Yeah, I would test it out with a planting of broadleaf species right onto the mound in the manner mentioned earlier.
Other than that, I would keep in mind that if you are building a hugelbeet that is six feet or more in height, and it sounds like that's probable in your case, as you dug out the bases, you have a lot of soil depth. You can put your horse manure in the middle of your buried wood, and pile other soil and compost and whatever else you're adding, and still have at least two feet between where your seedlings are and where the bed will be making a hot compost. So what if it's hot? Just don't locate it too near seedling roots. By the time your mature plants dig down that far, it will have composted some and cooled down.
Also, the observation about the volunteer butternut squash is reminiscent of exactly what happened in my first hugelbeet in its first year. I topped the bed with a mixture of the topsoil excavated from the 3 foot by 18 foot by 3 foot deep trench I had dug, a compost pile of mostly coffee grounds, elm leaves and kitchen scraps accumulated over two years, and then companion planted a variety of vegetables and herbs together. I distinctly remember my curiosity about a curcurbit vine that was leafing out much larger and fuller than the cucumbers I had planted there; the butternut squash vine it turned out to be produced four dozen butternut squash at an average weight of a kilo (2.2 lbs) a piece, and the largest double that and longer than my forearm. And this out of a Toronto, Ontario backyard.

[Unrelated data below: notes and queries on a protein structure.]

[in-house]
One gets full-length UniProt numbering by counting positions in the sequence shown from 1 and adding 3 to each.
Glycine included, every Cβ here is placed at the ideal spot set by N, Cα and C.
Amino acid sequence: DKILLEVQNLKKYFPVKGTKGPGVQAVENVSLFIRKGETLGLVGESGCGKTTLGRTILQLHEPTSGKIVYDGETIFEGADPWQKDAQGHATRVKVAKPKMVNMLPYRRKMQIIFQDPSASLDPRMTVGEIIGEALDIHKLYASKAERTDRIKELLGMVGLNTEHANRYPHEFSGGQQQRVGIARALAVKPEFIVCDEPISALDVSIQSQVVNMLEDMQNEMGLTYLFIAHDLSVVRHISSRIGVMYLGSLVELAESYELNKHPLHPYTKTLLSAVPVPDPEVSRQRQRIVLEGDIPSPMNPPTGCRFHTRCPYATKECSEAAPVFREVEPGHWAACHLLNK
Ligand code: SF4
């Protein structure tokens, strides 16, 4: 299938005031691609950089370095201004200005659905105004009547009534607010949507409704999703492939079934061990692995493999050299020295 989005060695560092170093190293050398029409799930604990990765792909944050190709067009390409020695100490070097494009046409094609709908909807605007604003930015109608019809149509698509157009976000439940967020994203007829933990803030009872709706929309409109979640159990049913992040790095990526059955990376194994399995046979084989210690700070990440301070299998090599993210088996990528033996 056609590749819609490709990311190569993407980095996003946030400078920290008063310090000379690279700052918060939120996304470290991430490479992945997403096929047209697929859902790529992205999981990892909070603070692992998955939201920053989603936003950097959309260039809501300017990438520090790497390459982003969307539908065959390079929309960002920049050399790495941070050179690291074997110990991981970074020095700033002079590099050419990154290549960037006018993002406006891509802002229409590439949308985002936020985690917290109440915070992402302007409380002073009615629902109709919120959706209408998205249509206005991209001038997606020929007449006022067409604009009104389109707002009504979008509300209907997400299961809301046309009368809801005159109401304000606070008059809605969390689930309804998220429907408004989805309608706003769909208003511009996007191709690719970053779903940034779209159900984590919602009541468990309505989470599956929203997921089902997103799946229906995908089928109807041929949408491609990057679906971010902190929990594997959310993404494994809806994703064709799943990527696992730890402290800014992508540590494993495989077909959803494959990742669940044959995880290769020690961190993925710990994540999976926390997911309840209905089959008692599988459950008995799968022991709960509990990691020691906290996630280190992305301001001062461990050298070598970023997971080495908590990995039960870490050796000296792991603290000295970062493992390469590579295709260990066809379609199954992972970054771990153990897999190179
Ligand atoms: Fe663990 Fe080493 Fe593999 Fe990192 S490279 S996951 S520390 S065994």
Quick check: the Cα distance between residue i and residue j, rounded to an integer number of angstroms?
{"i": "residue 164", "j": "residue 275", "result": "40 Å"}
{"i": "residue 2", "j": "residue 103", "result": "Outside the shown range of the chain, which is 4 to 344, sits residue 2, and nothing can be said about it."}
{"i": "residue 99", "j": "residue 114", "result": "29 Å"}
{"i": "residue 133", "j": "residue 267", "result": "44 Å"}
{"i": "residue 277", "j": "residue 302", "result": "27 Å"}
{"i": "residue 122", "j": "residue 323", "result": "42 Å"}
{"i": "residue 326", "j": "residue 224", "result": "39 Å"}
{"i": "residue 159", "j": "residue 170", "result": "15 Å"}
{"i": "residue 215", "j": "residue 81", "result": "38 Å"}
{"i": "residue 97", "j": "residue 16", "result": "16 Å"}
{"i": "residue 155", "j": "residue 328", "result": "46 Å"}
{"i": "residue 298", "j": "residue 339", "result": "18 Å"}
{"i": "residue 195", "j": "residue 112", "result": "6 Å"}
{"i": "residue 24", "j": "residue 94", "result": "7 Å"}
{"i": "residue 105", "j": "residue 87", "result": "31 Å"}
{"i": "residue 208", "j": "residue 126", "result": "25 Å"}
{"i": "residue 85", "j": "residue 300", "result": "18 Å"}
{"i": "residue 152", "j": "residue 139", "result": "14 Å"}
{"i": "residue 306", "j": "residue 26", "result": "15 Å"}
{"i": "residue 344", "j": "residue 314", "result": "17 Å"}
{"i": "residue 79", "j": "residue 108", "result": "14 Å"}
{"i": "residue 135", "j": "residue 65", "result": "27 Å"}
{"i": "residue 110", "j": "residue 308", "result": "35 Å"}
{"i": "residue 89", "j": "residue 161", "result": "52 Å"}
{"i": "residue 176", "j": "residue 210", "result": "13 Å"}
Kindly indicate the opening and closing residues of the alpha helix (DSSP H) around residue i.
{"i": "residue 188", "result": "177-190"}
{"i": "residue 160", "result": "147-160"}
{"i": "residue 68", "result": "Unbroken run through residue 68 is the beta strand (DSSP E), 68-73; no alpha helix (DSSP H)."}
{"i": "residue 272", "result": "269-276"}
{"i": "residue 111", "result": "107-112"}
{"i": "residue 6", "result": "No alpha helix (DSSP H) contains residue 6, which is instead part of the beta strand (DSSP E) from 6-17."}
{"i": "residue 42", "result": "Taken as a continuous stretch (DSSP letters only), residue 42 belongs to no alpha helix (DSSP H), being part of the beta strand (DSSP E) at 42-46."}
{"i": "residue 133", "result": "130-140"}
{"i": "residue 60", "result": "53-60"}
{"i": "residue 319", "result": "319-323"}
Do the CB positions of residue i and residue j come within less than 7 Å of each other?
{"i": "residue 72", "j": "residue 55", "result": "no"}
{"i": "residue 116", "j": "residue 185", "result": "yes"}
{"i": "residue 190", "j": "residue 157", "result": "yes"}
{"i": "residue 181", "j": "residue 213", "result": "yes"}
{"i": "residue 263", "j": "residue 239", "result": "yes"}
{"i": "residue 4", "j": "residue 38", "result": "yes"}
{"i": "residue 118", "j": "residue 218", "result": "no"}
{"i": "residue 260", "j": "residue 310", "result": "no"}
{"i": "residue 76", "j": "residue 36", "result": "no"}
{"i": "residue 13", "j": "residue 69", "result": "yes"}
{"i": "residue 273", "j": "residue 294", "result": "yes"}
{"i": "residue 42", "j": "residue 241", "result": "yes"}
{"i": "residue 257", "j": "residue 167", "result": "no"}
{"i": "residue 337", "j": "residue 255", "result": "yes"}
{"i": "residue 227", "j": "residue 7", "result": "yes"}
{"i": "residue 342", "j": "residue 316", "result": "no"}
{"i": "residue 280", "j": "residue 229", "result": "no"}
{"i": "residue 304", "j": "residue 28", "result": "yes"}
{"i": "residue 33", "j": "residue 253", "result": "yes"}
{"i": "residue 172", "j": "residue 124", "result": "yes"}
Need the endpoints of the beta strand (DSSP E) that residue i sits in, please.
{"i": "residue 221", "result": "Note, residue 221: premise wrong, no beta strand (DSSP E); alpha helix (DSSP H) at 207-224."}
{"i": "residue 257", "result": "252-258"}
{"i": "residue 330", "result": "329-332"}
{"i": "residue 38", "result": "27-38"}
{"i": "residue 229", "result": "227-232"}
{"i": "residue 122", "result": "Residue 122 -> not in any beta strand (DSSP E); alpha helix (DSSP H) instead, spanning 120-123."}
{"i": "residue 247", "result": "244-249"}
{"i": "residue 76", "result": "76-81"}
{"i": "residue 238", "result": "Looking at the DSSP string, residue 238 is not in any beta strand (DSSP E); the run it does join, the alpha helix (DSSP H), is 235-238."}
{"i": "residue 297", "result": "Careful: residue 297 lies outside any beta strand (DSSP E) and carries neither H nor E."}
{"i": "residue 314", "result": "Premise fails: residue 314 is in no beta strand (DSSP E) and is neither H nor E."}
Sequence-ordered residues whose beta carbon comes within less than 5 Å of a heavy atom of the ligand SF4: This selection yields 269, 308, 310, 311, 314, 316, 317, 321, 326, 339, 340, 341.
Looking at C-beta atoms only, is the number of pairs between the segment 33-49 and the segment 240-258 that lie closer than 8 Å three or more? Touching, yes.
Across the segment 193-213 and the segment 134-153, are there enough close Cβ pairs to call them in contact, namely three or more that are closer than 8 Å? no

I would suggest that you select heavy-feeding crops that benefit from such rich soil. Squash will love it. Beets too. All you really need to do is find a few keystone veggie species in different garden layers and build guilds around them.
Finally, I would take the same approach with your clay soil as the manure, in that you probably want to seed the whole thing over with a variety of green manures, to see what thrives and what doesn't. It will give you a good idea of what's there. And if nothing grows at all, I would still take samples to a lab and find out why rather than throwing it all out. If it's contaminated with something, there are things that you can grow in some cases that will sequester the pollutant. Hemp, for instance, is known for its ability to extract and sequester heavy metals from contaminated soil. Fungi are being used in areas contaminated by radioactivity, namely Fukishima, to do the same thing with the radioactive heavy elements. These things can't be used afterwards, but it does make it possible to clean the soil and use it again, rather than "throwing it out," which is a very Western euphemism for contaminating someplace you care less about.
Practically speaking, if it's clean, you should just mix your soil in with everything else. A high clay content will mean better moisture retention, and if you get a dry season, with a raised hugelbeet and the potential for wind dessication, you will appreciate that.